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OPEC Says Iraq, U.A.E, Kazakhstan Affirm Commitment to Cuts 

These translations are done via Google Translate

August 9, 2017


OPEC said Iraq, the United Arab Emirates and Kazakhstan — who have lagged in their implementation of a deal to cut production — affirmed their commitment to the accord at a meeting in Abu Dhabi.

“All expressed their full support” for the system to monitor the cutbacks “in order to achieve the goal of reaching full conformity,” OPEC said in a statement on its website. Malaysia also attended and made the same pledge.

The meeting, co-chaired by Kuwait and Russia, was scheduled after several nations faltered in their pledges to reduce output. Twenty-four producers, from among the Organization of Petroleum Exporting Countries and beyond, agreed to cut production late last year to try to end a global glut.

Oil prices have lost 8 percent this year on concern the agreement is failing to drain the world’s bloated oil stockpiles. Saudi Arabian Energy Minister Khalid Al-Falih promised last month to intensify pressure on cheating countries.

Iraq and the U.A.E. said at the meeting that OPEC’s estimates of their production — based on data from external sources — were at fault for any apparent failures to comply, according to two people familiar with the matter who asked not to be identified because the discussion was confidential.

Iraqi compliance slumped to 29 percent in June, its lowest so far, while the U.A.E. made just 60 percent of its cuts, according to data from the International Energy Agency. Iraq has complained that the estimates OPEC uses to monitor compliance are inaccurate, and that it has actually made the full reduction required.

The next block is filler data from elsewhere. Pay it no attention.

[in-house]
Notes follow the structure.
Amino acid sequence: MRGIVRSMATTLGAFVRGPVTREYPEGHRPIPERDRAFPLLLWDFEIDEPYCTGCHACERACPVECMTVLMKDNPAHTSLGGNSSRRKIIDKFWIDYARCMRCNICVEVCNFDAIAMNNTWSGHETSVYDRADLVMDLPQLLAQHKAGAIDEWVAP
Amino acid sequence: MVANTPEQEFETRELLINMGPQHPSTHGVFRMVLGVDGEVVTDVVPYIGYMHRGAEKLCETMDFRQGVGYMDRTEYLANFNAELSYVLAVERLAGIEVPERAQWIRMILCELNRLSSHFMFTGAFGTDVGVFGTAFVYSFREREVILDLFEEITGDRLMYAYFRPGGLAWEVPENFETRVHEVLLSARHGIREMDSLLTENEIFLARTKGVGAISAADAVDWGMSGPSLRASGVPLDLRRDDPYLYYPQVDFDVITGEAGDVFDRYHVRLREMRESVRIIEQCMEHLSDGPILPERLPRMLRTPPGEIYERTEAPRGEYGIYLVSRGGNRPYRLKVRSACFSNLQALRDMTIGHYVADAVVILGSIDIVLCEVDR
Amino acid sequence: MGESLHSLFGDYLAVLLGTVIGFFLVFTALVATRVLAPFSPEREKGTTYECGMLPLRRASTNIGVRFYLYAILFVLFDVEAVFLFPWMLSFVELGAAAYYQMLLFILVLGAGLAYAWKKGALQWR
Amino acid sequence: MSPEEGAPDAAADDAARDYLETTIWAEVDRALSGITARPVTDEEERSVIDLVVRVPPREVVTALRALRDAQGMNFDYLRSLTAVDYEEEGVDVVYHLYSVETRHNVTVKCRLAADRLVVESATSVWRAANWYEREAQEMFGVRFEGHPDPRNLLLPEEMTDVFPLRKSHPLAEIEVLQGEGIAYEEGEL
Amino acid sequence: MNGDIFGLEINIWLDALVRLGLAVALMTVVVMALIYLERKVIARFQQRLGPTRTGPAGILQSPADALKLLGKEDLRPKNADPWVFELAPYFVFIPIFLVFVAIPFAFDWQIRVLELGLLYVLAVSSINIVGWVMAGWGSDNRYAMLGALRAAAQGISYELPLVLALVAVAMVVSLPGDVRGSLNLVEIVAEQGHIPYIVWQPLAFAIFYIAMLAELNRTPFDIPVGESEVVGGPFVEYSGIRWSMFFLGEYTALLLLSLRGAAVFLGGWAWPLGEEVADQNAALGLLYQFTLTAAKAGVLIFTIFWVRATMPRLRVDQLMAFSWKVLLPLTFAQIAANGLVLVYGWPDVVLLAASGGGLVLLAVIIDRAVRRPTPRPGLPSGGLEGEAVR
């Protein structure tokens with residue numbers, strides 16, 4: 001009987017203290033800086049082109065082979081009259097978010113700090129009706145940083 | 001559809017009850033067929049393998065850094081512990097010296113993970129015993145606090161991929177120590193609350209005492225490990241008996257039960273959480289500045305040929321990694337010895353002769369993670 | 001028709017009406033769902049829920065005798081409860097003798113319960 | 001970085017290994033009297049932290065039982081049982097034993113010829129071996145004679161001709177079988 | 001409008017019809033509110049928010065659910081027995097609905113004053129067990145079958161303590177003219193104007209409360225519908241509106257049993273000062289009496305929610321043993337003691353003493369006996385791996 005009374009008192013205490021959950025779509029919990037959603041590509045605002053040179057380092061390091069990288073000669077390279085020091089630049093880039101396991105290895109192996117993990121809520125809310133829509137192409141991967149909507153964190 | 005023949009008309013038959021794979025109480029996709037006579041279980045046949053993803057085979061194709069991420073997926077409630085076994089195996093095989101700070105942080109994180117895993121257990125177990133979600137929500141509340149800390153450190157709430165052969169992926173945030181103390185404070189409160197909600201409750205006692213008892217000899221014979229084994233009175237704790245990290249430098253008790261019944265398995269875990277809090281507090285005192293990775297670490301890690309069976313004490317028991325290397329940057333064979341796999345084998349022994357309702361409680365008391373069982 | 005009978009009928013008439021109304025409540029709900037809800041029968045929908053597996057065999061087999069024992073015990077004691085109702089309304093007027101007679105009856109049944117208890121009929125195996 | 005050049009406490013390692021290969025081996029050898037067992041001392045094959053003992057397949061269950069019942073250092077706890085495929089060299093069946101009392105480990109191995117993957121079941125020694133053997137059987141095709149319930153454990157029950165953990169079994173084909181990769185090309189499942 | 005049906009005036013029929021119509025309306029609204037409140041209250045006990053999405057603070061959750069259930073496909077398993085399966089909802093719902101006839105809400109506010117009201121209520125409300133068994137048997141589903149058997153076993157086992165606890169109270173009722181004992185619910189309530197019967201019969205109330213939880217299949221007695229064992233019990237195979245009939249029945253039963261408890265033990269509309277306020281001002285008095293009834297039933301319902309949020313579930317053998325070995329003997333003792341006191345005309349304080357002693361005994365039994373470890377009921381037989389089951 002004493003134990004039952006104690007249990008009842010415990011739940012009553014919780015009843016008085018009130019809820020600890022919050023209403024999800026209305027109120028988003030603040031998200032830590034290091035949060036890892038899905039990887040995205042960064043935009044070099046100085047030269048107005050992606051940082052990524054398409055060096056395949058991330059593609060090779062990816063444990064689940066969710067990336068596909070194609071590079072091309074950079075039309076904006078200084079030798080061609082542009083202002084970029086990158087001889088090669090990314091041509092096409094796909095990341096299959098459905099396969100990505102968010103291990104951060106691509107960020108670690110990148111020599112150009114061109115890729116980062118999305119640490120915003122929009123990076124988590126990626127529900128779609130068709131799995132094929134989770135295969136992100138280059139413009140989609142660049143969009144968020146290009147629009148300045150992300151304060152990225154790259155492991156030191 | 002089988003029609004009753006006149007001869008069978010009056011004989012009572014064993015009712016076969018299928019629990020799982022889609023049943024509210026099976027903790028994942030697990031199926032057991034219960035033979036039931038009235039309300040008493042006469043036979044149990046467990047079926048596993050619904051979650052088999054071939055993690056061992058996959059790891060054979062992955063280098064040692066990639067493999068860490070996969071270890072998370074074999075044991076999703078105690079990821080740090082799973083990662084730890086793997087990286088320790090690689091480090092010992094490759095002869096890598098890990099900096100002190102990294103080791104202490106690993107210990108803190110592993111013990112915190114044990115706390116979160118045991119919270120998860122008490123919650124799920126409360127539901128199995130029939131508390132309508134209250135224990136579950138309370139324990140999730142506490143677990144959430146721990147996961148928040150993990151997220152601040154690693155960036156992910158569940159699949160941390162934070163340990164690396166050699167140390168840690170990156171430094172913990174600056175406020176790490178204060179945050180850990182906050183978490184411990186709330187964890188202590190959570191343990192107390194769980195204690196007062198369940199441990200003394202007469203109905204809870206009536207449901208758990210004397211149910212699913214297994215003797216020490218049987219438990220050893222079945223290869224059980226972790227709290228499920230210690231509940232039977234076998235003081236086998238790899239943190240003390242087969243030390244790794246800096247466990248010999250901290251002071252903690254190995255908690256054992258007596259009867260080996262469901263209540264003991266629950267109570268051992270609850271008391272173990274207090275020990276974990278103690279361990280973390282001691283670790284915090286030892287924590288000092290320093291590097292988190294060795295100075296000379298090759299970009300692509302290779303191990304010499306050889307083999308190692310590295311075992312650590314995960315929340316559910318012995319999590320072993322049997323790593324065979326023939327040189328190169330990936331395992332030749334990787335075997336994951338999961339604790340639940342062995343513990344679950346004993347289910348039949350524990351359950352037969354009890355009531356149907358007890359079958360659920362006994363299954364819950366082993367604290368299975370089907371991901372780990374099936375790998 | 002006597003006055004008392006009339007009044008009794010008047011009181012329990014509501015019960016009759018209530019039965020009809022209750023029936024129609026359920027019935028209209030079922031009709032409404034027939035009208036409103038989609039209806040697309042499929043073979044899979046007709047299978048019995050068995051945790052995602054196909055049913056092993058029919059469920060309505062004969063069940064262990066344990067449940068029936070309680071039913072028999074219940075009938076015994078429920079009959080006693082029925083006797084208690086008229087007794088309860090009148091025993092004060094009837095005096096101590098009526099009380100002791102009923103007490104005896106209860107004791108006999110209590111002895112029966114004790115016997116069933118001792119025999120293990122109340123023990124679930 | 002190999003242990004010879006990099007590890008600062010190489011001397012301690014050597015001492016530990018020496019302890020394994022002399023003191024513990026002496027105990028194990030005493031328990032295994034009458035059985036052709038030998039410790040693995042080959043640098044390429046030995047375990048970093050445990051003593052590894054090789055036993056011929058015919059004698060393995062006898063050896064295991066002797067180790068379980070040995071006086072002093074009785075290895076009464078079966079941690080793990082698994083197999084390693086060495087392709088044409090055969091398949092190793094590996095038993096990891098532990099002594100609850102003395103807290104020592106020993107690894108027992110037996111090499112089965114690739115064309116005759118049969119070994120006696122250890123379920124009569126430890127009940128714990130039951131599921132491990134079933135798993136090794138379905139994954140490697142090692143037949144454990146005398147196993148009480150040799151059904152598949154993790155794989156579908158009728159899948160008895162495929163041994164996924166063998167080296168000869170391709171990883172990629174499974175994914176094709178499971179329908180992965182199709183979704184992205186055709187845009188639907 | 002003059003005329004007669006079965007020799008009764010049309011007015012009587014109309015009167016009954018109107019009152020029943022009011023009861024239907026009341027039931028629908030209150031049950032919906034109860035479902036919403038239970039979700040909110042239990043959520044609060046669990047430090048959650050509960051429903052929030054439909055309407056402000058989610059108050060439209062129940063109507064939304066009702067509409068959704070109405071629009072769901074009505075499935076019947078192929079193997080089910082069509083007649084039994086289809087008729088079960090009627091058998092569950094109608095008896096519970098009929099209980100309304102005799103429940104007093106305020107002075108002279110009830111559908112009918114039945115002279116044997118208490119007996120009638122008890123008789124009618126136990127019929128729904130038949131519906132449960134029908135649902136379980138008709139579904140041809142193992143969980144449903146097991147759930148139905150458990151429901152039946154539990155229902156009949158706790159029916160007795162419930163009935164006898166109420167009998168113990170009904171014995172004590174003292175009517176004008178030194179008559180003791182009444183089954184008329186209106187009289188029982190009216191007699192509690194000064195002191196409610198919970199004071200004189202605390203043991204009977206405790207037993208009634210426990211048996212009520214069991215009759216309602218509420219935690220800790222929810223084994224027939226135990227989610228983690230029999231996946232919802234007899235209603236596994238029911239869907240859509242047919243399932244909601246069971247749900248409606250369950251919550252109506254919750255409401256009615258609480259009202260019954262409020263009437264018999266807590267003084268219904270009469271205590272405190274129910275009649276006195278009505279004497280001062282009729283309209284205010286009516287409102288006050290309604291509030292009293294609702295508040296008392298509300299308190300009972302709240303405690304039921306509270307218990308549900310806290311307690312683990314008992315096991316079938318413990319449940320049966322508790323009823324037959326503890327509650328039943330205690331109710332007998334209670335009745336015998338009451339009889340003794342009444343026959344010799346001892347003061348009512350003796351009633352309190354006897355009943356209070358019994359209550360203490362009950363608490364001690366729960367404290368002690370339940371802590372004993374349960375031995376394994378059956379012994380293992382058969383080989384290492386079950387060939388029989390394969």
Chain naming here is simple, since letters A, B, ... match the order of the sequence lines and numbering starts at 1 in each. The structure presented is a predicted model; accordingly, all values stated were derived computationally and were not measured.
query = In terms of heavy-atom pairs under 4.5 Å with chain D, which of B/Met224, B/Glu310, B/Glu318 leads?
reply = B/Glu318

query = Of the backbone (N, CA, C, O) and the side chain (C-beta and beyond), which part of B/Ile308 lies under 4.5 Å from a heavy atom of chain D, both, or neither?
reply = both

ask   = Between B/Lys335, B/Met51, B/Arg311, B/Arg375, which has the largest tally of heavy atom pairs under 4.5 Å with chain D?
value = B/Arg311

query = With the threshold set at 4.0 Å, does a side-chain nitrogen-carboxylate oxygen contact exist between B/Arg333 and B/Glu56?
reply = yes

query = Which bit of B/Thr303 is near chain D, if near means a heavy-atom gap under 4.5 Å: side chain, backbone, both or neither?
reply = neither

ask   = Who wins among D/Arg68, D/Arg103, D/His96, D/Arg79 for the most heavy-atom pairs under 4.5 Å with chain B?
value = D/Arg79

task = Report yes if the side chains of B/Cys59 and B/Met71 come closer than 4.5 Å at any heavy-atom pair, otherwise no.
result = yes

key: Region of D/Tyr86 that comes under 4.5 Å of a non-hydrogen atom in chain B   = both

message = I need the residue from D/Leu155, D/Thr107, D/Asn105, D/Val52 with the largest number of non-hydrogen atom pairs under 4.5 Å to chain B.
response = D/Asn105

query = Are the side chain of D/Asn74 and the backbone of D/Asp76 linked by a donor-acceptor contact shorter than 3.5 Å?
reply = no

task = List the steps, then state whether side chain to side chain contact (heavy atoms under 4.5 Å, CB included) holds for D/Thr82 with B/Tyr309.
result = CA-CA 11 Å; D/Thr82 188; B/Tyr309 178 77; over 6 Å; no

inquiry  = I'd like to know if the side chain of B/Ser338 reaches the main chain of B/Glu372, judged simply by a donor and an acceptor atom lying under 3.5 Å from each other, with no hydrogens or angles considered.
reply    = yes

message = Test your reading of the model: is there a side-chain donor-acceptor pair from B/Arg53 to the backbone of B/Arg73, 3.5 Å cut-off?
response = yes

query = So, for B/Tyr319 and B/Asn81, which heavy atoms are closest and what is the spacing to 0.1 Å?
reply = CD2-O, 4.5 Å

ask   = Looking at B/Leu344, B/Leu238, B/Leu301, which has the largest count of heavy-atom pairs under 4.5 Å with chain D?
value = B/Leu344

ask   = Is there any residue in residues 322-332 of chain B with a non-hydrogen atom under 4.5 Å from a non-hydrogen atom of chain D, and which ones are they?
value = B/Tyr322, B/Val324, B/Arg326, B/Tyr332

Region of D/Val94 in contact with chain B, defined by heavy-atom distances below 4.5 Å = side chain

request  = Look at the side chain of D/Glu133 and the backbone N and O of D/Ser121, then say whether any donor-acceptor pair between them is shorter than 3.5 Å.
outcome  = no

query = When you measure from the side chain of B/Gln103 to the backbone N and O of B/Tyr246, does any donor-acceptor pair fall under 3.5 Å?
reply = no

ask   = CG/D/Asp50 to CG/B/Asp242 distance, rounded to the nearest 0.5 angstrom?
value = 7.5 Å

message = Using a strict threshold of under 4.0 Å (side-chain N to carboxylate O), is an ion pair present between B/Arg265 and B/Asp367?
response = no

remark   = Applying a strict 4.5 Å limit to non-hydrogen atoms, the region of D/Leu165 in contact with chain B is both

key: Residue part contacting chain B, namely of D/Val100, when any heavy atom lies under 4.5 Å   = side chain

Kazakhstan, rather than reduce its output as promised, has steadily increased it, with the expansion of its Kashagan oilfield.

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Compliance with agreed oil-production cuts through March will probably falter, CME Group Senior Economist Erik Norland said in a phone interview. “It’s really a question of how quickly it will deteriorate rather than if it deteriorates,” he said.

Diplomatic Push

OPEC uses supply estimates compiled from six external entities, known as secondary sources, to monitor adherence to the deal. These include media outlets and institutions like the Paris-based IEA and the U.S. government’s Energy Information Administration.

While the committee met, there were further signs of the diplomatic push to ensure full compliance.

Iraq’s oil minister, Jabbar al-Luaibi, is flying to Saudi Arabia at the invitation of Al-Falih, Iraq’s oil ministry said on Tuesday. The two officials will discuss coordination to achieve OPEC’s goals, Asim Jihad, a spokesman for the Iraqi oil ministry, said.

The agreement, which came into effect at the start of the year, brings together OPEC and non-OPEC nations in an effort to take as much as 1.8 million barrels of oil a day off the market.

Russia and Kuwait are two of the five nations that sit on the board that oversees the implementation of supply curbs. Saudi Arabia, which currently holds OPEC’s rotating presidency, also attended the meeting.

Iraq, the U.A.E., Kazakhstan and Malaysia have also been invited to the full technical committee’s next meeting on Aug. 21 in Vienna, where the panel’s conclusions will be discussed, according to two people familiar with the matter who asked not to be identified because the information is private. Some of those invited nations expressed interest in attending, one of the people said.

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